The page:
Is there a tension between de-anthropocentrism and sustainability?: On one potential pitfall of eco-theologies’ use of empirical science

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From a standpoint sympathetic to environmentalist concerns, this paper identifies and probes a tension internal to theologies that aim to de-anthropocentrize religion (usually Christianity) to pursue the ethical ideal of sustainability. Such theologies include ecotheo- logies (like McFague’s), theocentrisms (like Gustafson’s), and other scientifically-informed posthumanist (or adjacent) thought (like Rubenstein’s critical pantheism) that build from Lynn White’s 1967 claim that entrenched dualisms associated with classical theology and Enlightenment science set the stage for environmental catastrophe. This tension, I argue, emerges from these theologies’ simultaneous commitments (a) to defend the signifi- cance of empirical discoveries in physical cosmology, evolutionary history, and geology that decenter Homo sapiens in the context of God’s (broader) creation, and (b) to foster sustainable relationships between humanity and non-human nature, including animals, landforms, ecosystems, and natural processes. Despite each commitment ostensibly bolstering the other, I contend that in some contexts, they undermine one another: To achieve its ethical goal, such theologies recruit scientific insights that decenter human beings by contextualizing humanity within older and farther-reaching natural processes. Yet by so doing, the goal of sustaining non-human nature and natural processes as they are is paradoxically revealed as indexical to (some) humans’ desire to retain a status quo.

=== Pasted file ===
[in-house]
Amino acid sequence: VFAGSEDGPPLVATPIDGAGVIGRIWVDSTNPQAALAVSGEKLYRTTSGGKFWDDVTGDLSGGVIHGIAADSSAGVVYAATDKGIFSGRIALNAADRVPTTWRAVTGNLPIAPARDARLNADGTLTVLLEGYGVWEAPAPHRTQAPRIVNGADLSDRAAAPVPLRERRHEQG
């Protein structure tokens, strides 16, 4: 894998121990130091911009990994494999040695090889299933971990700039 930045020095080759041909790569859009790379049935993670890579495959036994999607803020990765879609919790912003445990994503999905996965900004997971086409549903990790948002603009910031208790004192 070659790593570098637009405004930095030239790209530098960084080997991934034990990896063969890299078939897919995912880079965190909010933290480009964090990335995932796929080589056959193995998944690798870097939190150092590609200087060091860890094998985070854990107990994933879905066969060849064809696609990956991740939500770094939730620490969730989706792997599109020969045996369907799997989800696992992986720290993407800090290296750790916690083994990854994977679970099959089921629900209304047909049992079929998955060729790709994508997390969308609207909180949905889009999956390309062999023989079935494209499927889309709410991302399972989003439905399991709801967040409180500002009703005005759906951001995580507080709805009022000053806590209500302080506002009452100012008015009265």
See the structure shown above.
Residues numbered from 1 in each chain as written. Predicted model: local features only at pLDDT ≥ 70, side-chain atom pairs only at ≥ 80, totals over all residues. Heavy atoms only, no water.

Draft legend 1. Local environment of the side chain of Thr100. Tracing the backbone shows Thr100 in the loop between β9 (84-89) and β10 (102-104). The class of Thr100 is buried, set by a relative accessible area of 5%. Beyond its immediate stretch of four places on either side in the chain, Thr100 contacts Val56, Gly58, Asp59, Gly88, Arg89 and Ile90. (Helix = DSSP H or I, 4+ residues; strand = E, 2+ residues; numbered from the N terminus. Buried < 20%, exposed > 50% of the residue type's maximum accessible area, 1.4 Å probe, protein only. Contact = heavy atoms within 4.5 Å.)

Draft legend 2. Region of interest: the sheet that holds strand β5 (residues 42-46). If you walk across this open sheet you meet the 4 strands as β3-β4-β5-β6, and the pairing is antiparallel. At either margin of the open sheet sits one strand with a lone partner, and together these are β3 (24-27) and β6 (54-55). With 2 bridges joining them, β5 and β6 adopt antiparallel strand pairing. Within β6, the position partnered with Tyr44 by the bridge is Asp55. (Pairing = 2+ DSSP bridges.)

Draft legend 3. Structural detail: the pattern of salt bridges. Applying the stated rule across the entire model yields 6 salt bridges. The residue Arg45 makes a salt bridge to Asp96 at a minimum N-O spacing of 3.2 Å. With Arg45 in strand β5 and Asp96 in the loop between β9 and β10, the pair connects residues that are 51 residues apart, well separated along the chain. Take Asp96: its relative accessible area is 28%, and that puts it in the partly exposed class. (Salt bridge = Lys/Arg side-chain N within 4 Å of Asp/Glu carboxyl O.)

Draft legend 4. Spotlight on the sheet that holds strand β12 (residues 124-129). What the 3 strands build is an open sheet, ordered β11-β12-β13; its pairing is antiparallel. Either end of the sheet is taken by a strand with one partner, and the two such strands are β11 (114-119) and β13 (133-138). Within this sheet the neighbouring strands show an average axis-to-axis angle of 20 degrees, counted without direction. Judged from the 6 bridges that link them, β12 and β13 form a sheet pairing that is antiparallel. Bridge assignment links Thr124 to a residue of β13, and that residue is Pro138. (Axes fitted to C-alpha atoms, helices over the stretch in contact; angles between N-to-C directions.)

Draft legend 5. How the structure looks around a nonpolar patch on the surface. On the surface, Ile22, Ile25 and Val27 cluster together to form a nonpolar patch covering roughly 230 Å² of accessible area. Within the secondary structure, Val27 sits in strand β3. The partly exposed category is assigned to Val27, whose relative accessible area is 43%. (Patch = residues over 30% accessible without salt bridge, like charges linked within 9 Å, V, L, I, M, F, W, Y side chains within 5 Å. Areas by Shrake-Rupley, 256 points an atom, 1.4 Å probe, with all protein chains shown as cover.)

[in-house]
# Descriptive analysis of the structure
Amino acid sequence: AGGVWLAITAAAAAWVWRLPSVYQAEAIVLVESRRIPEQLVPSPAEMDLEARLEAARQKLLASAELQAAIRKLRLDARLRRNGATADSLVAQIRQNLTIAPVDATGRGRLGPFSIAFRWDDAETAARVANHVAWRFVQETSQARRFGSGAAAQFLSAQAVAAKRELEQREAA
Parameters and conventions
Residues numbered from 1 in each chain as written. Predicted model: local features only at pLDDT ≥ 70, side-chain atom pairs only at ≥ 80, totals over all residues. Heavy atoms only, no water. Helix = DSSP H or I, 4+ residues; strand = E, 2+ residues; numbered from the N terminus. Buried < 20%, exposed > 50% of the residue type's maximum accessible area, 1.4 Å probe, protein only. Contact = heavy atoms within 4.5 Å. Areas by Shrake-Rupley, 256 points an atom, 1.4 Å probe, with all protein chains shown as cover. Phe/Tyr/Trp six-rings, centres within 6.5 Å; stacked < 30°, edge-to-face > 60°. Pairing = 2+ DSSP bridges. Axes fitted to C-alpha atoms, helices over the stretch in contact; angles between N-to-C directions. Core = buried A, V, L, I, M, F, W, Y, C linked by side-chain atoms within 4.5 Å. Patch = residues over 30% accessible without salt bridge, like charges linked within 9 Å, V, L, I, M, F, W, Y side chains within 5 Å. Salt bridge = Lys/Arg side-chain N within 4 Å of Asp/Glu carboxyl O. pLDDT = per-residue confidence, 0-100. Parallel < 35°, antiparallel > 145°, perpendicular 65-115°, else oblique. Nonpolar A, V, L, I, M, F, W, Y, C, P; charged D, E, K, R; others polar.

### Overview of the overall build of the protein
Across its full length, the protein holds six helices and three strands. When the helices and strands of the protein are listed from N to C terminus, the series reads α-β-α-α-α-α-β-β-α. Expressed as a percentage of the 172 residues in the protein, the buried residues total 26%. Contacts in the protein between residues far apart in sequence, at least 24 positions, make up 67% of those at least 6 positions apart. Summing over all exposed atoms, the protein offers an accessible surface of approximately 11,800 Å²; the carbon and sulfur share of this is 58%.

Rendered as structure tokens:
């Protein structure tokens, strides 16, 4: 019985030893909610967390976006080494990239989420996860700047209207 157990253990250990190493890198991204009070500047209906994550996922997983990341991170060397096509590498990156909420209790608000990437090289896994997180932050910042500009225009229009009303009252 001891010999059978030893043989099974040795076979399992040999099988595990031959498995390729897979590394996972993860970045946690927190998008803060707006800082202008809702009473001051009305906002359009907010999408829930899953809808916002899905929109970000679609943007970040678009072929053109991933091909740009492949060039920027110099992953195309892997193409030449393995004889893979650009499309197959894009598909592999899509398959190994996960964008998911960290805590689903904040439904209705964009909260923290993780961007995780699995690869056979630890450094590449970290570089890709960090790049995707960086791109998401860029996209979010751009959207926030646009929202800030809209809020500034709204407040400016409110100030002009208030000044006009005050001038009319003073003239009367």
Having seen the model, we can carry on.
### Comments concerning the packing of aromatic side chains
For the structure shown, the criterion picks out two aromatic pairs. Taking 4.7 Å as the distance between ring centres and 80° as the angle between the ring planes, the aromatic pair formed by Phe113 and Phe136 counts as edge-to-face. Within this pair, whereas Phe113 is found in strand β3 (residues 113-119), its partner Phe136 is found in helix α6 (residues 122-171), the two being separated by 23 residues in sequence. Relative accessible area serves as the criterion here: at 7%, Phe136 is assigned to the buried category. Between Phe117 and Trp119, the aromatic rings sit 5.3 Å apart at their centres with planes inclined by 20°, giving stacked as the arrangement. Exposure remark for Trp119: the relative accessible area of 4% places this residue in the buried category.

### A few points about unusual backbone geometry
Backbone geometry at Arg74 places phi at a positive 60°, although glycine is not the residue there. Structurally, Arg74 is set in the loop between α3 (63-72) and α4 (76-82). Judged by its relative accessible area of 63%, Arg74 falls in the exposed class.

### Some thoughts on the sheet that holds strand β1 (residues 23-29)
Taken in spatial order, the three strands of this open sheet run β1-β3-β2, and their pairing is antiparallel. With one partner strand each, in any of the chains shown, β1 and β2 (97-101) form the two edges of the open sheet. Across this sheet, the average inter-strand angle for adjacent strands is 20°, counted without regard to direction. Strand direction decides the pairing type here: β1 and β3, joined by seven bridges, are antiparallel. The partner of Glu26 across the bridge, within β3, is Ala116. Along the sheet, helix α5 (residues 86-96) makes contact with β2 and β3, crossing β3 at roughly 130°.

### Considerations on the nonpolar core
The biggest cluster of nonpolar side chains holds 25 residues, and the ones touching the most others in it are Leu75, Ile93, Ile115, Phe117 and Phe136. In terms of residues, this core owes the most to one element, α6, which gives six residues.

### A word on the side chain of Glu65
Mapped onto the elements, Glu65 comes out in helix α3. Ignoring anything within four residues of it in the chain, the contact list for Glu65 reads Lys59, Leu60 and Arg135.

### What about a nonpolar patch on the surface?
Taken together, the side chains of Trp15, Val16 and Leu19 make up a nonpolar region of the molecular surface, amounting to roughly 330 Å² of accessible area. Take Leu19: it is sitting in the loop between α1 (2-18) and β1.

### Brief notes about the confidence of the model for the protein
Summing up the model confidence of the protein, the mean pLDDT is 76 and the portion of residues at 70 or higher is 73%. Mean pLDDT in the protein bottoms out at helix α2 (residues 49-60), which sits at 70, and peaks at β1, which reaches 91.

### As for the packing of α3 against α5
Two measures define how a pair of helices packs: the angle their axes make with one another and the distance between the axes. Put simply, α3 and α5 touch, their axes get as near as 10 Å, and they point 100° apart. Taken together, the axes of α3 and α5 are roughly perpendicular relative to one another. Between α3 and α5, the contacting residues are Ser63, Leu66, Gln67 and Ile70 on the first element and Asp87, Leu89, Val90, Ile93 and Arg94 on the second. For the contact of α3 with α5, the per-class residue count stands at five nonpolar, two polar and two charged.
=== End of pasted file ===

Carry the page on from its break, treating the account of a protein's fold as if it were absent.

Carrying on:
Period2022 nov. 25
EvenemangstitelAt the Margins of Life: Exploring Existential Sustainability - Technology, Health and Death
Typ av evenemangKonferens
PlatsLund, SverigeVisa på karta